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Environment


Study seeks pre-fracking baseline for groundwater quality
Carroll County is where the Utica Shale play was initially most active
by WKSU's TIM RUDELL


Reporter
Tim Rudell
 
Workers with pipe at the center of drilling rig in rural Carroll County
Courtesy of WKSU
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In The Region:

Until now, when someone claimed that fracking ruined their well water there has been little to answer the argument that the ground water had already been contaminated from natural sources.  WKSU’s Tim Rudell reports that in Carroll County that is changing.  

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Amy Townsend-Small,
an environmental scientist from the University of Cincinnati, is studying Carroll County’s water. Her goal is to develop a scientifically reliable picture of the relationship between fracking and well water within a major shale play.Amy Townsend-Small

Since 2012,
her project has been testing where oil and gas drilling had not yet started – and, since the first of this year, running follow-ups in places where it now has.  Such comprehensive testing has rarely been done because water monitoring responsibilities are typically split up among government agencies; or, for private wells, it’s up to the owners. “We’re trying to fill this gap in water quality testing.  And our testing is completely confidential for every home owner, totally free of charge, and we are always looking for more participants.”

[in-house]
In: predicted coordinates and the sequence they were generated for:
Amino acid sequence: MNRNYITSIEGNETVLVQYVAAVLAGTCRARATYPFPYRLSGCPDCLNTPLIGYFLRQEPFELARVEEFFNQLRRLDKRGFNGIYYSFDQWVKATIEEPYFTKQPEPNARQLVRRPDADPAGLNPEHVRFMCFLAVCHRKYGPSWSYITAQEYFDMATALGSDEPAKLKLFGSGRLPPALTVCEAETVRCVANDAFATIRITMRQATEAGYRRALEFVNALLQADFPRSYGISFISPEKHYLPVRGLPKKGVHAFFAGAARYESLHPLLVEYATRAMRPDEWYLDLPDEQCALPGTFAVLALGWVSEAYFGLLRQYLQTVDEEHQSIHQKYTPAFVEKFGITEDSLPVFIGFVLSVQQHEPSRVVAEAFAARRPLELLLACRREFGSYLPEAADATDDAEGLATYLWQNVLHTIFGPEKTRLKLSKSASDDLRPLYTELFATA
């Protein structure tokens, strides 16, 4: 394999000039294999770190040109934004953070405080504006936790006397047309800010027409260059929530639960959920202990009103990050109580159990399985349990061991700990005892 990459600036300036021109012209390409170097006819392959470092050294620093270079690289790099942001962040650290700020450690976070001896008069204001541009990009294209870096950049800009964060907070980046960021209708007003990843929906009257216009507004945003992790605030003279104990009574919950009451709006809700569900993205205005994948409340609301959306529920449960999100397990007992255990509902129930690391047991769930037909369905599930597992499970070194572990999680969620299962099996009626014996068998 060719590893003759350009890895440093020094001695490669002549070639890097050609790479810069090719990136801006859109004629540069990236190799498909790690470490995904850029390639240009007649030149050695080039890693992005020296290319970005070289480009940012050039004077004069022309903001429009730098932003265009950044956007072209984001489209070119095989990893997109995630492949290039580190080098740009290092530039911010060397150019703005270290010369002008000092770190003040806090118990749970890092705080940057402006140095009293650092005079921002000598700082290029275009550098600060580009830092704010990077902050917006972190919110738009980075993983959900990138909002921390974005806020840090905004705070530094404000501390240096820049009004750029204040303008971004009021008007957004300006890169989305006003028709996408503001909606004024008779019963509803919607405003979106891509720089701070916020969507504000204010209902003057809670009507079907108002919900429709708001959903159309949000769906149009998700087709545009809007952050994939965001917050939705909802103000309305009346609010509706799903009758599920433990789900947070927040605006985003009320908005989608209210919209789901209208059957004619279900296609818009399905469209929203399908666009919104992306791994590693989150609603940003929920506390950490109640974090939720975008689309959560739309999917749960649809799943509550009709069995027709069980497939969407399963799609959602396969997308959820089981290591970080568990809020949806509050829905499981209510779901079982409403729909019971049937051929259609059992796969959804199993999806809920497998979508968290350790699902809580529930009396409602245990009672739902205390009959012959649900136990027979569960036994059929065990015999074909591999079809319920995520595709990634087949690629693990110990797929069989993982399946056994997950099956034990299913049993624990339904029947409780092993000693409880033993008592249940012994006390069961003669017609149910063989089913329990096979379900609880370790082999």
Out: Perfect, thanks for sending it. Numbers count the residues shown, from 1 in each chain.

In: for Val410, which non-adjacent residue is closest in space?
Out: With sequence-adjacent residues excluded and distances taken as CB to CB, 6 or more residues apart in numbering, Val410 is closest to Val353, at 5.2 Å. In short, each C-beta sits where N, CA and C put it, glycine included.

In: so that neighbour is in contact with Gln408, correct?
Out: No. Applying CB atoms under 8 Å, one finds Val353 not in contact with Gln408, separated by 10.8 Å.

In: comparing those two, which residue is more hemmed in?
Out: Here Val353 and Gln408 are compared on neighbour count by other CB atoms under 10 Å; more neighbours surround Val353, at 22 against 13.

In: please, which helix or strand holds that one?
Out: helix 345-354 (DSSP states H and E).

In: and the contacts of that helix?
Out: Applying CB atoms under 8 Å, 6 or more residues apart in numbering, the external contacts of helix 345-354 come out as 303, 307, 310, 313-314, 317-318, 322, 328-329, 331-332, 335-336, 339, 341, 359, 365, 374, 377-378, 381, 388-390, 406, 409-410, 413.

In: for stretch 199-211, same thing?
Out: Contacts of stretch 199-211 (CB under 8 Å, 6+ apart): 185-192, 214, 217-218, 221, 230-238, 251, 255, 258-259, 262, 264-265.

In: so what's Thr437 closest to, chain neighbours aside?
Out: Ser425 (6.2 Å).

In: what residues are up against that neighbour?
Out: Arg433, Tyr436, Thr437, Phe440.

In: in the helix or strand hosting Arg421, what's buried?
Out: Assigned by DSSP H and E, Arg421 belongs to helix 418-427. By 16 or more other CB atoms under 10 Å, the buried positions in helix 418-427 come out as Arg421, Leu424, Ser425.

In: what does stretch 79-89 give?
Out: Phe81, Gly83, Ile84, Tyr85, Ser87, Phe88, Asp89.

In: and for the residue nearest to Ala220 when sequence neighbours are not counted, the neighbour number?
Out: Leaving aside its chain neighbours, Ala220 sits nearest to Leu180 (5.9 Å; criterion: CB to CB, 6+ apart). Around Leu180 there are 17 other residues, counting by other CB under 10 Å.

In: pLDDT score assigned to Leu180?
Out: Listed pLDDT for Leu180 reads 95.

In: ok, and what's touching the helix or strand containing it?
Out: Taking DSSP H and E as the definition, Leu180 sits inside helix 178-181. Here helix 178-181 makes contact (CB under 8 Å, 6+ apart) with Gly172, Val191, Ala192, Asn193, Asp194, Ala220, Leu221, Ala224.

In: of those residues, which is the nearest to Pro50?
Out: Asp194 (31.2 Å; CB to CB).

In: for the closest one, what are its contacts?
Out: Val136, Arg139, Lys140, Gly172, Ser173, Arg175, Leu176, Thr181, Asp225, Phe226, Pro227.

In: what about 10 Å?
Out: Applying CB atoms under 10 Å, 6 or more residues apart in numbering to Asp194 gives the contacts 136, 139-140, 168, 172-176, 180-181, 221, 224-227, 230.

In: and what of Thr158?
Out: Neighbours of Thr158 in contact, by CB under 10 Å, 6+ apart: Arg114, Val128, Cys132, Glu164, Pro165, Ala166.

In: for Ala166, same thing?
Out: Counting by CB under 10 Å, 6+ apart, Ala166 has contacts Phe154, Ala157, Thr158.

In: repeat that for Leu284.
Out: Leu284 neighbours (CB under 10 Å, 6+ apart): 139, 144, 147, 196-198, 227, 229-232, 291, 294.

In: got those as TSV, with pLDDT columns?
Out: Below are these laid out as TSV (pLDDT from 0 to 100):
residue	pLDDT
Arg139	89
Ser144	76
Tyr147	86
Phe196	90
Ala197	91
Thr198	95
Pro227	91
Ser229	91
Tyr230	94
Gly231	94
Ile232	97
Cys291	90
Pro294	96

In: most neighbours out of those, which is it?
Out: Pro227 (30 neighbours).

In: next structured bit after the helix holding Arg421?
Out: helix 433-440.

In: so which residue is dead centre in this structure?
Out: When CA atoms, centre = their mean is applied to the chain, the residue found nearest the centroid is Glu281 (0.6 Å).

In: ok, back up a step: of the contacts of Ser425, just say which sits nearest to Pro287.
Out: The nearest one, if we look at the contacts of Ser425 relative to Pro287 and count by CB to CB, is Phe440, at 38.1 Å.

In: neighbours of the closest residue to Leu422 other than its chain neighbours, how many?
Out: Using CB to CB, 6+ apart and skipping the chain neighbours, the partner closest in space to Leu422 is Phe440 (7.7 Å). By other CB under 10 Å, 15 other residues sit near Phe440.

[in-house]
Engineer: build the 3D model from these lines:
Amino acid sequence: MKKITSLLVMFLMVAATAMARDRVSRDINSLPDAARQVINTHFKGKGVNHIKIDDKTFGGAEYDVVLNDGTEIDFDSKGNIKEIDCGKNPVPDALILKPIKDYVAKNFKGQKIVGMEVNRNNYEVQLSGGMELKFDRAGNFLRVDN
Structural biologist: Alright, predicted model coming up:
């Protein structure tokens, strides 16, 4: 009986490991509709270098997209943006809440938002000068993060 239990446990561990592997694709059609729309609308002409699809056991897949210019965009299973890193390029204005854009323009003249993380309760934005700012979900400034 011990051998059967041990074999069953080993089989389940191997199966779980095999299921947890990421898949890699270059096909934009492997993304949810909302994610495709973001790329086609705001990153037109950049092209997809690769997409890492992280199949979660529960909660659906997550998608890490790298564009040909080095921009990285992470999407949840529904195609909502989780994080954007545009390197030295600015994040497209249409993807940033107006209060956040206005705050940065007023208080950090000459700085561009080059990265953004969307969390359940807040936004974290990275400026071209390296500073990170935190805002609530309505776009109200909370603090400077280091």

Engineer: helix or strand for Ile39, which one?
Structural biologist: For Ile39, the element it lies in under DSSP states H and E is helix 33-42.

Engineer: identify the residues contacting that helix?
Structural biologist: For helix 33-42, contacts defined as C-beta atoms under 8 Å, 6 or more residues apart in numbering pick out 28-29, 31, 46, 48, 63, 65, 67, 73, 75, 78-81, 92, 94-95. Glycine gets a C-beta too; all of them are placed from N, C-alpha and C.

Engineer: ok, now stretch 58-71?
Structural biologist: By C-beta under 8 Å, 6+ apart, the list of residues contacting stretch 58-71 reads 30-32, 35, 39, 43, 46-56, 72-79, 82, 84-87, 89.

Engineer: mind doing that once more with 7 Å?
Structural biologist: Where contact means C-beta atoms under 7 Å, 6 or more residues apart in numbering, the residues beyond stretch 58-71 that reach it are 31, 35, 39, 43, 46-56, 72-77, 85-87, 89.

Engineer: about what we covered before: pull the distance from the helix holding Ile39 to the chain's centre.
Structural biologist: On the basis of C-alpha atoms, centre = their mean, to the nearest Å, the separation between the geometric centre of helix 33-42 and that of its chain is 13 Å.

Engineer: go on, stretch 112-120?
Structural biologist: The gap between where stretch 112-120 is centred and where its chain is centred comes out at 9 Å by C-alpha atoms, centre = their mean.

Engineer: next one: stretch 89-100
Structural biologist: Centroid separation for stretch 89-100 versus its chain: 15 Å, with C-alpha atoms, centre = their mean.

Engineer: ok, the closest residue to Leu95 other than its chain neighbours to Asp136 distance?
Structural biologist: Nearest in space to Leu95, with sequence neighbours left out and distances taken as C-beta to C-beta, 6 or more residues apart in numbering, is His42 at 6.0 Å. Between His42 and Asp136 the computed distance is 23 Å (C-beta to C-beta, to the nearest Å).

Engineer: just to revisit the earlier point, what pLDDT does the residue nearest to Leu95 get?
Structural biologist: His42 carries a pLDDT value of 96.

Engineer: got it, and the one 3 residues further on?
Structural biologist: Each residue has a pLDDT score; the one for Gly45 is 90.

No influences
She says, her research has no funding from industry, environmental or regulatory organizations

 

 


Related WKSU Stories

Air quality study to assess effects of fracking in Carroll County
Friday, December 27, 2013

Investigators seek the source of gas in Portage County water well
Monday, January 14, 2013

Midstream growth fuels fracking boom
Wednesday, July 2, 2014

Ohio continues to probe a spill at a Morgan Co. fracking site
Thursday, May 8, 2014

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